The Obama administration has launched an investigation into whether China’s support for its clean-energy sector violates international trade rules, having a negative impact on green energy exchange traded funds (ETFs) – particularly those with high U.S. exposure.
The United Steelworkers Union filed a complaint last month with the Office of the U.S. Trade Representative. Nancy Marshal Genzer for MarketPlace reports that the complaint is that Beijing’s subsidies for manufacturers of green-energy products are a violation of international trade rules. [ETFs for Asia’s Growing Digital Market.]
The union says Beijing discriminates against U.S. clean energy companies that want to sell products in China and gives illegal subsidies to Chinese companies that make wind turbines and solar panels. The defense claims that the subsidies allow the Chinese companies to cut prices for green technology. Meanwhile, China has seized market share from the United States by driving prices down worldwide. [4 ETFs For China’s Growing Digital Market.]
It’s uncertain whether a case will actually be filed against Beijing and with the World Trade Organization. Stacey Feldman of Reuters reports that the Chinese government spent $34.6 billion last year to propel its low-carbon economy, more than any other nation and almost double what the United States invested. Now the country headquarters six of the biggest renewable energy employers—up from three in 2008.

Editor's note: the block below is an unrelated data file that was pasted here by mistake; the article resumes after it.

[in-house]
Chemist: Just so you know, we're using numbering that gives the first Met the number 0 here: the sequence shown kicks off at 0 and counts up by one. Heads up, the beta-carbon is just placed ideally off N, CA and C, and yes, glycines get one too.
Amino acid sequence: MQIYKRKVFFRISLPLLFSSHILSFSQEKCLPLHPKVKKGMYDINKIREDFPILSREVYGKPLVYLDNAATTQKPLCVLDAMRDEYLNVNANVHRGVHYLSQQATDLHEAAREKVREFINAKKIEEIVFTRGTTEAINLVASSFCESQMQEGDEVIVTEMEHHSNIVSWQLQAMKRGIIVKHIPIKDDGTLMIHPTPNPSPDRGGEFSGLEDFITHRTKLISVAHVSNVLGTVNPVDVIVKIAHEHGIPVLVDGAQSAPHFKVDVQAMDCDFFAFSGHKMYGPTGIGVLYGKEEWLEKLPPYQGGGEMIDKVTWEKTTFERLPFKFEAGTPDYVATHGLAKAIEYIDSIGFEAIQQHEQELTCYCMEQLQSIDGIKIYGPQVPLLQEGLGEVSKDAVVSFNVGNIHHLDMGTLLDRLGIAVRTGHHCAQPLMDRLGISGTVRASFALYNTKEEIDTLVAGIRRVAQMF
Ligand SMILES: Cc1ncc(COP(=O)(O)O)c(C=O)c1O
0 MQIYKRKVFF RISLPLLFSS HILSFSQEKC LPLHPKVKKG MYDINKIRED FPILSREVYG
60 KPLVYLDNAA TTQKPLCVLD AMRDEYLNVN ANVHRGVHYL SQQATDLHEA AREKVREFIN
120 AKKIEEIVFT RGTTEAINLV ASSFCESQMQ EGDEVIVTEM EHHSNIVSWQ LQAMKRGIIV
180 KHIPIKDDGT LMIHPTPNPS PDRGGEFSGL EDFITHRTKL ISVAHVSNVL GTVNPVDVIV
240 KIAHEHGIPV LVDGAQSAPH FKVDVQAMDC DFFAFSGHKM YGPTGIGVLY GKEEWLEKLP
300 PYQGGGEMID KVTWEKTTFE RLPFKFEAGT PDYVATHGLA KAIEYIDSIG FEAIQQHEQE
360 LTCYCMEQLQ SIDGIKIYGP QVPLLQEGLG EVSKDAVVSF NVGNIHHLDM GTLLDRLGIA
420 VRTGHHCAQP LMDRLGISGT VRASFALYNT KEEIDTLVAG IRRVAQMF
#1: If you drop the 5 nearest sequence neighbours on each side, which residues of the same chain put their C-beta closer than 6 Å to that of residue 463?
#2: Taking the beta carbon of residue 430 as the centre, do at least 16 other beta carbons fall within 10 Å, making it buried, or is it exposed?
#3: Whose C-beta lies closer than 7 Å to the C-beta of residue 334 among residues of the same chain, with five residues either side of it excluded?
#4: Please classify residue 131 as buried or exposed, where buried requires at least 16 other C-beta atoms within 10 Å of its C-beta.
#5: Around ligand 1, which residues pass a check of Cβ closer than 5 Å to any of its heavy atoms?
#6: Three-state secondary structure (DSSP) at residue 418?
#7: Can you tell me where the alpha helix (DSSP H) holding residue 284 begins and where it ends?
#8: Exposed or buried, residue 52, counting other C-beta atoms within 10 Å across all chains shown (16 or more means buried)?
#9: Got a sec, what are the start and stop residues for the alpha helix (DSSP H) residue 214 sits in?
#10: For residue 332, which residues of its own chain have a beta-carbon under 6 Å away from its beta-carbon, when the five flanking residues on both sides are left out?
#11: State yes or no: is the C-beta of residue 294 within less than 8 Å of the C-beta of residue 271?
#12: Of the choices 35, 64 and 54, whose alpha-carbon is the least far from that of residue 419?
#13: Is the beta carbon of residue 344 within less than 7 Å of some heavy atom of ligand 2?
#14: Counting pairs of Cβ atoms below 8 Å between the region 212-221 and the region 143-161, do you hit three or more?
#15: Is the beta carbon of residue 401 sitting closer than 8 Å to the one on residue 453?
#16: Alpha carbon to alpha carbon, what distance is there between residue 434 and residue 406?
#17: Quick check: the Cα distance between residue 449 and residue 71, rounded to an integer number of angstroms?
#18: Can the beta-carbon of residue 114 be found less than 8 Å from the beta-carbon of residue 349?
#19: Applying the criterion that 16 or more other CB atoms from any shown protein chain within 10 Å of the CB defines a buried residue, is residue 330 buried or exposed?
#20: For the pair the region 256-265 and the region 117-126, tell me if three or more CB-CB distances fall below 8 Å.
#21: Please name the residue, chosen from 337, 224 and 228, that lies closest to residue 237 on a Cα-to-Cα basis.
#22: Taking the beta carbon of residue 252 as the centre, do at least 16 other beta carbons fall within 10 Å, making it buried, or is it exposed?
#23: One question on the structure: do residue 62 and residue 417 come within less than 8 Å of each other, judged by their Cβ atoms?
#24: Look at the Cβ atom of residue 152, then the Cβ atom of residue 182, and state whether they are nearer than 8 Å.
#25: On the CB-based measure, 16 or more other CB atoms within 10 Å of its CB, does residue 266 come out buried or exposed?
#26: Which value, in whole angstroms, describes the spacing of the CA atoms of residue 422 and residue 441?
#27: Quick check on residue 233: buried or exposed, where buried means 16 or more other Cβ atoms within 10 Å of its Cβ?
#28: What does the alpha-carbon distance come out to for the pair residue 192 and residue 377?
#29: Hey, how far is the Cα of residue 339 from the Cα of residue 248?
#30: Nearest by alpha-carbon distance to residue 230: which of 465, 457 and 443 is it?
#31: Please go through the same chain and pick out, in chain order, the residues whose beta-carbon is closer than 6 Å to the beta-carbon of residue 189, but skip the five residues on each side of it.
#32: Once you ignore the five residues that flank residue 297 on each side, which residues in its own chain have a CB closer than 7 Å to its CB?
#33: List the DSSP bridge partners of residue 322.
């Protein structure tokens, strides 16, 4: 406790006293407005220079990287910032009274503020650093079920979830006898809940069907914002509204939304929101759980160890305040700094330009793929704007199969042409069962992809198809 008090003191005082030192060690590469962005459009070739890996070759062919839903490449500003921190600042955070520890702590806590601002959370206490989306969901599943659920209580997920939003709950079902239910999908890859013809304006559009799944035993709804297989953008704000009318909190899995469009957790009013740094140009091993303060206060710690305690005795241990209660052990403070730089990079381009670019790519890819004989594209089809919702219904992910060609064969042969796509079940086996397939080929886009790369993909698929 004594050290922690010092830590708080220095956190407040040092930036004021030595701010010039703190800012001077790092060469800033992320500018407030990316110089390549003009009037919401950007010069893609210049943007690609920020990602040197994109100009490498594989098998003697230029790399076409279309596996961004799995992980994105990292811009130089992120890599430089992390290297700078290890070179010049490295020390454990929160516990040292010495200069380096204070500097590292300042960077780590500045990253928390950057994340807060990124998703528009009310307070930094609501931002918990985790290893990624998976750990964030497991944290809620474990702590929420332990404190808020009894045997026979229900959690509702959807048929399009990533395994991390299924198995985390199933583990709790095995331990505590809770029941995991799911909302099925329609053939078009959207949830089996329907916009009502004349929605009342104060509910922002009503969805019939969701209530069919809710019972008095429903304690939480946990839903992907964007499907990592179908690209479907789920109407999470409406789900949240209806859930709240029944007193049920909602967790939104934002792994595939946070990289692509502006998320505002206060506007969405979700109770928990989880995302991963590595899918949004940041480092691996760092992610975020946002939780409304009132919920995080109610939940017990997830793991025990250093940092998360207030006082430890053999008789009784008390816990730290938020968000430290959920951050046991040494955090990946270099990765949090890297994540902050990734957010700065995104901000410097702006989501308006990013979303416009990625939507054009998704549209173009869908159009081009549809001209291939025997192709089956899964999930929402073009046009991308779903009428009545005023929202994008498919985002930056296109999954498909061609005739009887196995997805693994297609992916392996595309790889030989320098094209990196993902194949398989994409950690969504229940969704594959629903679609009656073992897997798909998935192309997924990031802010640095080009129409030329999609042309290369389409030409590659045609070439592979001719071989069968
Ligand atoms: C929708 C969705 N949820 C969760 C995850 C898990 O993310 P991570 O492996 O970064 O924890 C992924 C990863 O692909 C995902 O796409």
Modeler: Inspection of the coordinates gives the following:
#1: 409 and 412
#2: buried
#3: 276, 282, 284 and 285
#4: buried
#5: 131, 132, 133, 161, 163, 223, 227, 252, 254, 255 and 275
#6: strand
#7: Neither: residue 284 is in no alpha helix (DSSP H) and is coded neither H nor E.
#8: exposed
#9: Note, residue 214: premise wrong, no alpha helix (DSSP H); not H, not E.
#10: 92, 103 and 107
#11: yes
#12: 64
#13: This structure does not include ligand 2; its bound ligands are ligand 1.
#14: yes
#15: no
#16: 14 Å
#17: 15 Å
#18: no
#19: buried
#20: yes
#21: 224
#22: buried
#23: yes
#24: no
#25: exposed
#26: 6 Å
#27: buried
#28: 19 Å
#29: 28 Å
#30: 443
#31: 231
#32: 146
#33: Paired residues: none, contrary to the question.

For more stories about clean energy, visit our green ETFs category.
- PowerShares Cleantech Portfolio (NYSEArca: PZD): United States accounts for 26.8% of exposure
- iShares S&P Global Clean Energy Index Fund (NYSEArca: ICLN): United States is 24.9%; China is 22%
- Market Vectors Global Alternative Energy (NYSEArca: GEX): United States is 51.6%
- Market Vectors Solar (NYSEArca: KWT): China is 30.8%
Tisha Guerrero contributed to this article.
The opinions and forecasts expressed herein are solely those of Tom Lydon, and may not actually come to pass. Information on this site should not be used or construed as an offer to sell, a solicitation of an offer to buy, or a recommendation for any product.